South Koreans trek to China to see their sacred mountain

South Koreans trek to China to see their sacred mountain
Late North Korean leader Kim Jong-Un (C) inspecting a ski training resort in a sports village in Mt. Paektu Area

CHANGBAI, China - The spiritual birthplace of the Korean people is a volcano steeped in myth and legend. But with the peninsula divided for decades, South Koreans longing to see it must first travel to China.

The peak - known as Changbai in Chinese and Paektu in Korean - and its spectacular crater lake straddle the China-North Korea border.

Small tour buses screech around hairpin curves before unloading South Korean tourists for a short walk to the rim to catch sight of the forbiddenNorth - and dream of a future as one.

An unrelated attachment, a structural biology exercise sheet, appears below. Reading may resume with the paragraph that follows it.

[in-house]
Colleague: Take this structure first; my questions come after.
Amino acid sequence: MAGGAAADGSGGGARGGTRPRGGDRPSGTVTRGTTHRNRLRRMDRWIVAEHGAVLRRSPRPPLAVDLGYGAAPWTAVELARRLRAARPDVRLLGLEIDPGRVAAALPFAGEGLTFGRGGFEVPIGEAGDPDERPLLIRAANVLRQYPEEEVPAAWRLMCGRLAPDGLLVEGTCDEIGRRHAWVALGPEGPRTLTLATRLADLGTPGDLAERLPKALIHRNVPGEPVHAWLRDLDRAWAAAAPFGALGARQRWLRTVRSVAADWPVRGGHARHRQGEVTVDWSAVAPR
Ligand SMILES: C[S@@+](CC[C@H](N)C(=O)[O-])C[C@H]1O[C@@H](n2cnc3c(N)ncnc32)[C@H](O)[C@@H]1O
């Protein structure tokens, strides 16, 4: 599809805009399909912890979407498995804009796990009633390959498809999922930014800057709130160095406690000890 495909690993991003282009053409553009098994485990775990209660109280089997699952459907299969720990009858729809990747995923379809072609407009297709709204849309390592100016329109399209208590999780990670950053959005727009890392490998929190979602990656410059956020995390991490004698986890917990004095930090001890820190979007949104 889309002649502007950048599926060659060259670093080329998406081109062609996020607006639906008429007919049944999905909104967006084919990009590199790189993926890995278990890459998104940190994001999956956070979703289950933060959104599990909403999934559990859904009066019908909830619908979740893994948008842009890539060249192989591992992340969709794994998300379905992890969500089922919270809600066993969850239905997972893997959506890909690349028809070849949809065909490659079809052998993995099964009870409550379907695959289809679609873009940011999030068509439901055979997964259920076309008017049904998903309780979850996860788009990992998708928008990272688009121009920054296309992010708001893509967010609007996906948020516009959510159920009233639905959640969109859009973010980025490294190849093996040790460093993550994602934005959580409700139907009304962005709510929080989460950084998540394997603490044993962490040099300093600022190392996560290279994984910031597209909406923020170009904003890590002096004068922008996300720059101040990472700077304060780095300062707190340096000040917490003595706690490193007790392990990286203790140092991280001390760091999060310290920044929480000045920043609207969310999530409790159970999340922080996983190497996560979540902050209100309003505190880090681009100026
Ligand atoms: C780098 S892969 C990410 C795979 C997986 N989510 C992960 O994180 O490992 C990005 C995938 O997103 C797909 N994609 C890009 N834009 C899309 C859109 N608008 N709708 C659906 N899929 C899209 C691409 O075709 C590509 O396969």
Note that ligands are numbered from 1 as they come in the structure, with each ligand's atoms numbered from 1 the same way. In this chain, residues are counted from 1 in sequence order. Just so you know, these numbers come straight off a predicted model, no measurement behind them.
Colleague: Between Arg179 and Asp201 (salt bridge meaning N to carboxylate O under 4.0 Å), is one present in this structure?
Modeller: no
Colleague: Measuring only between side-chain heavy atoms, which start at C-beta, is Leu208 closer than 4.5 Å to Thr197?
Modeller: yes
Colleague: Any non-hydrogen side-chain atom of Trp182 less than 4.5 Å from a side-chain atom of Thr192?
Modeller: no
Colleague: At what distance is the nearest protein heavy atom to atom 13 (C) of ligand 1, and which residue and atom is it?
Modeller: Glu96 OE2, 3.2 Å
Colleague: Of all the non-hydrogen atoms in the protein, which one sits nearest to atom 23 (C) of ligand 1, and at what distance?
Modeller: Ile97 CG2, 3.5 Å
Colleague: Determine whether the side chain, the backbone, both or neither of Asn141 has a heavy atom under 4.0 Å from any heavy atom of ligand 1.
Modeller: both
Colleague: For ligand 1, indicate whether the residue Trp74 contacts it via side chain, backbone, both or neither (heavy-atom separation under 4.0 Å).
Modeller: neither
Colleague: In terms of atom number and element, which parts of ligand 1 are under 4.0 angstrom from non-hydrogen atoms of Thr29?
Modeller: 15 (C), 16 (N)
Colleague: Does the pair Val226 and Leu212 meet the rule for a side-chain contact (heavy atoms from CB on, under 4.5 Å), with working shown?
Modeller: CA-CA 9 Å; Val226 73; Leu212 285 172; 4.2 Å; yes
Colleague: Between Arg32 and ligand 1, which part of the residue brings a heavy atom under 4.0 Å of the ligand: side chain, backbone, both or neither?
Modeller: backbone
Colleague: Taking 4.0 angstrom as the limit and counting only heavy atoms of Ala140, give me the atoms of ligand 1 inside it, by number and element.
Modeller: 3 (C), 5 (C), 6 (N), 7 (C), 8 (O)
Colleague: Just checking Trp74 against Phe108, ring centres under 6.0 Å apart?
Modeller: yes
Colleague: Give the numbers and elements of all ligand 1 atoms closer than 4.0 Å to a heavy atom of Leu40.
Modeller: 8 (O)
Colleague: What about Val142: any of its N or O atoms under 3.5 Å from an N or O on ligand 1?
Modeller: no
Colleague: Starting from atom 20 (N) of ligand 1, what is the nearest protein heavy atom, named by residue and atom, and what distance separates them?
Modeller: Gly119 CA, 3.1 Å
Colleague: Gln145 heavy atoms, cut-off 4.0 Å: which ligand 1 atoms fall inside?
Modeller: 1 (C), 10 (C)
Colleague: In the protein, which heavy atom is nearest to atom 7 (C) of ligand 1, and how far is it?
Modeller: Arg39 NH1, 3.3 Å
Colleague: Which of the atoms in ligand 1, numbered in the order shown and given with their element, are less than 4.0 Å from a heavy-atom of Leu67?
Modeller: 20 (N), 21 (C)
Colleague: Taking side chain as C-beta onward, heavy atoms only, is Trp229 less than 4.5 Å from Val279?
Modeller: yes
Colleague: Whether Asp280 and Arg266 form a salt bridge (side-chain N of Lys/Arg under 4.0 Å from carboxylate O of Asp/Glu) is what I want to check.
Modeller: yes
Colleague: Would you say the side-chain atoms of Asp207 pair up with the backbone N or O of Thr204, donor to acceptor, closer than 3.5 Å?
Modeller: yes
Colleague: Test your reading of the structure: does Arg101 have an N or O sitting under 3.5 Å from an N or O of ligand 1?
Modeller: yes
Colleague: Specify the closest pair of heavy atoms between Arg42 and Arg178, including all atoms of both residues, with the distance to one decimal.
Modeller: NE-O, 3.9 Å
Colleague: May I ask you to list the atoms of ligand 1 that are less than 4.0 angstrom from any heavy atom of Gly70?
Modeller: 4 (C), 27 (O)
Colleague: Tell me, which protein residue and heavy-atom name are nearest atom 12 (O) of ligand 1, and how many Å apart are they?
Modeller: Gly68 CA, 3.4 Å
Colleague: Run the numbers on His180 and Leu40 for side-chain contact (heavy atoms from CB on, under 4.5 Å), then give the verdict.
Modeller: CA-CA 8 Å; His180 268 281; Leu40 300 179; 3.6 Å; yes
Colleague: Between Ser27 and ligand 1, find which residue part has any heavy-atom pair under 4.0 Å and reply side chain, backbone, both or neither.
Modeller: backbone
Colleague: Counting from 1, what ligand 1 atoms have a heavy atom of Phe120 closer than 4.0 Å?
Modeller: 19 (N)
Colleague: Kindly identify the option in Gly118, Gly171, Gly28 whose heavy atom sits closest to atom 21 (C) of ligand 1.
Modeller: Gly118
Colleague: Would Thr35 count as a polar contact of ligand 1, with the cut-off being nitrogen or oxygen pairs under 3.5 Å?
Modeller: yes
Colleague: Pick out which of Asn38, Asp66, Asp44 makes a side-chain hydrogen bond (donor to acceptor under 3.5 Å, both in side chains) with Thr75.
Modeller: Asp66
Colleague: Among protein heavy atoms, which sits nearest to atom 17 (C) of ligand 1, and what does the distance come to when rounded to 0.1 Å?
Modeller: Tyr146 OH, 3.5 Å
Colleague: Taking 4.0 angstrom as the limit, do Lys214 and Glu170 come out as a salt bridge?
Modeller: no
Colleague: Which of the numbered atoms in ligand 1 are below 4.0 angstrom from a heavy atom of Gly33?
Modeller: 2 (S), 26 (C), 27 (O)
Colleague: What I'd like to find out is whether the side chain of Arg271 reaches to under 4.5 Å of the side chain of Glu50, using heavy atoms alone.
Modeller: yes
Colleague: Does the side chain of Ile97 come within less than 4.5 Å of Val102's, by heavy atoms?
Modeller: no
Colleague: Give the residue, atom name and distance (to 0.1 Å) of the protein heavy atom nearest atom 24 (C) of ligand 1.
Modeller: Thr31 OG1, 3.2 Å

"Unification!" shouted a South Korean man at the site, one of the tens of thousands who make the pilgrimage every year.

According to Korean myth Dangun, who founded the nation's first kingdom in 2333 BC, was born on the mountain to a mother who was transformed from a bearinto a woman.

The local tourism bureau says there were about 137,000 overseas visitors in 2013, with more than half said to be South Koreans.

"This place is so sacred," said Choi Byung-Eui, who had journeyed with his father from the South Korean city of Gyeongju.

He paused among the heavy, sustained gusts of wind at the crater's edge that occasionally opened up the thick cloud to allow glimpses of the crater.

"I'm so disappointed and so sad because a lot of people are divided because of the (Korean) war," he said. "Our Korea must be one."

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